powders in the kitchen

13

Leggi questo post in: Italiano

i’ve kidnapped my father-in-law’s mini food processor and i’ve been using it a ton in the kitchen! let me start by telling you about something i’ve already been doing for a few years (learned from my father-in-law): powdered chili pepper.

every so often someone will give us some chili peppers in the form of either long red peppers or a plant. and every so often i buy them. unfortunately they bother my husband’s stomach, so i can’t cook with them. but i can always add a bit of the powder to my plate.

how do you make it? first of all dry the pepper *very* well. if they’re not perfectly dried, they won’t turn into a nice powder and will go bad. if they’re not well-dried, you can put them in the oven a bit. when i have to, i put them in the oven after having turned it off after cooking something else so as to not waste electricity. break them into pieces and dump them into the food processor. *very important!* if your food processor’s cover has little holes like in the above photo, please cover those holes with a piece of heavy paper or something like that. i can promise you that even the tiniest bit of this powder comes out of those holes, it’ll go straight into your eyes and burn like… well, you know what! oh, and also don’t lean over the appliance after taking off the cover because if you accidentally breathe in a bit of that powder in the air, you will get a very painful burning cough. trust me, i learned this the hard way.

(and yes, those are two different mini food-processors. the one in the first photo ended up not working well, so i finished the job up with the other one.)

grind, grind, grind super well…

…and put the powder into a little jar. when you need it, just take a bit out with the tip of a knife and add it to your dish. (do not try to shake a little out of the jar because you know very well that you’ll end up in the hospital after having eaten half the jar that will have fallen out all at once! or in the best situation, you’ll have to throw out the contents of your plate.)

ok, now powder number two! i saw this idea both here and in the book vivere in 5 con 5 euro al giorno by stefania rossini (a great book which i’ll write about soon)… citrus fruit powder (orange powder in the photo above).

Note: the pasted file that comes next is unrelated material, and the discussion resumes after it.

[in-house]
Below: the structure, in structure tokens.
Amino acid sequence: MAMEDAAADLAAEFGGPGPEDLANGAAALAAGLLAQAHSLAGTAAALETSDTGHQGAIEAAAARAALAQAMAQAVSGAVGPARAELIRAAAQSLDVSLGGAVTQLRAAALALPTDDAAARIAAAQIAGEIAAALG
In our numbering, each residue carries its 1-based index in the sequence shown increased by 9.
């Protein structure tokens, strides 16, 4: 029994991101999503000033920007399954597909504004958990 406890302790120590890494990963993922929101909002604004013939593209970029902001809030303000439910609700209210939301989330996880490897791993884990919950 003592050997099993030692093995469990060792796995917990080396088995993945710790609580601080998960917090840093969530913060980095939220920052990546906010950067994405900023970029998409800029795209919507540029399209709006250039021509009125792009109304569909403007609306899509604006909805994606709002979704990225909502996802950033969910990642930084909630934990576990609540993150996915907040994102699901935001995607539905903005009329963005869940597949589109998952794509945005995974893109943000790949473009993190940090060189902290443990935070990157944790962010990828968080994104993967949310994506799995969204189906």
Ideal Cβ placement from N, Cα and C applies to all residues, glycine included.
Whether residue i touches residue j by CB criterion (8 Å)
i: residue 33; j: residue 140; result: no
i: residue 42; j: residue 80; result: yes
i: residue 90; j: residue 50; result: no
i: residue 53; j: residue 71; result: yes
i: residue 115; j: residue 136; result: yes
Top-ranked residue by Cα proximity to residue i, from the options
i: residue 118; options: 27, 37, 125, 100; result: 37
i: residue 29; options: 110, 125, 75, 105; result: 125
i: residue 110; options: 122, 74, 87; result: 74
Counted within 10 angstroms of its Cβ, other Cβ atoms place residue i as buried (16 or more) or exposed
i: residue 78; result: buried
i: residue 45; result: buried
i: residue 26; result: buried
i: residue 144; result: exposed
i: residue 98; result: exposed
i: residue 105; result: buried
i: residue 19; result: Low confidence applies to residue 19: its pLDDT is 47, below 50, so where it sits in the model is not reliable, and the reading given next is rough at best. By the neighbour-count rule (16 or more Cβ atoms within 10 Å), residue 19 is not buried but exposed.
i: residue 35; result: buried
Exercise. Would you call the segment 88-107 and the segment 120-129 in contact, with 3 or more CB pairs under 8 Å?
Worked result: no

we are once again in the midst of the mega citrus fruit season here in southern italy, and we’re lucky enough to get a lot of organic fruit. normally i use the peels to make liquors, such as arancello and limoncello, but we already have tons of those! so i decided to use the peels in a new way for me. and it’s super easy! first wash and dry the outside of the fruit well and then remove only the outer peels  with a vegetable peeler, trying to remove as little white part as possible.

you can dry them out in the oven, but i preferred drying them out in bowls on top of the hot radiators.

doing it that way, they dry out wonderfully in about 3 days.

then put the super-dried peels in the food processor, grind very well and dump the powder in cute little jars. but before you put them in the jars, it’s absolutely necessary to stand there sniffing the powder for a few minutes, sticking it (still in the food processor) under the nose of anybody who happens to be in the vicinity. if you’ve used good fresh fruit, you cannot imagine what an intense and stunning scent this powder has!

aren’t they pretty?! the darker one is mandarin orange, which is too bitter for my taste and i won’t be making again. the regular orange-colored one is orange, which is quite nice, but the one that stuns everyone the most is the lightest-colored powder made from grapefruit peels. it’s scent and flavor is sweeter than the other two. you just need a tiny bit of this powder to add a little zing to your food (don’t go overboard or else it’ll be bitter), for example fish, meat, desserts, cheese. or you can mix it with salt (or even better, grind up the salt with the powder in the food processor) to make flavored salt.

in the past i’ve made many types of marmalades (orange/lemon and lemon/ginger) with our excess citrus fruit, but this year we’ve been eating masses of mandarin and regular oranges, making lots of freshly-squeezed juice and i also healed a bad cough and sore throat drinking lemon infusions with manuka active honey, a honey from new zealand with antibacterial and therapeutic properties. what a wonderful medicine!

13 COMMENTS

  1. Wow Lisa, che post interessante! Io adoro il peperoncino e quando andiamo in Basilicata ne approfitto per fare scorte. A me piace aggiungerlo, secco, all'olio di oliva. Adoro vedere l'olio che si trasforma e diventa rosso. Lo uso nelle zuppe, nella pasta e fagioli o anche solo per condire gli spaghetti.
    Però non ho mai fatto la polvere e stasera tirerò fuori il tritatutto

    Bacioni

  2. anche noi mettevamo il peperoncino secco nell'olio per fare "l'olio santo" e com'era buono! non so perché non l'abbiamo più fatto. ma ora so che cosa fare con i peperoncini che ho ancora non tritati! grazie per avermelo ricordato! 🙂

  3. How fun! Is there a big taste difference between your fresh chili powder versus store-bought? I'm sure the answer is YES — I just wish I could taste-test myself! And I'm intrigued by the citrus powders. I bet that must taste fabulous on greens — to add a bit of zest!

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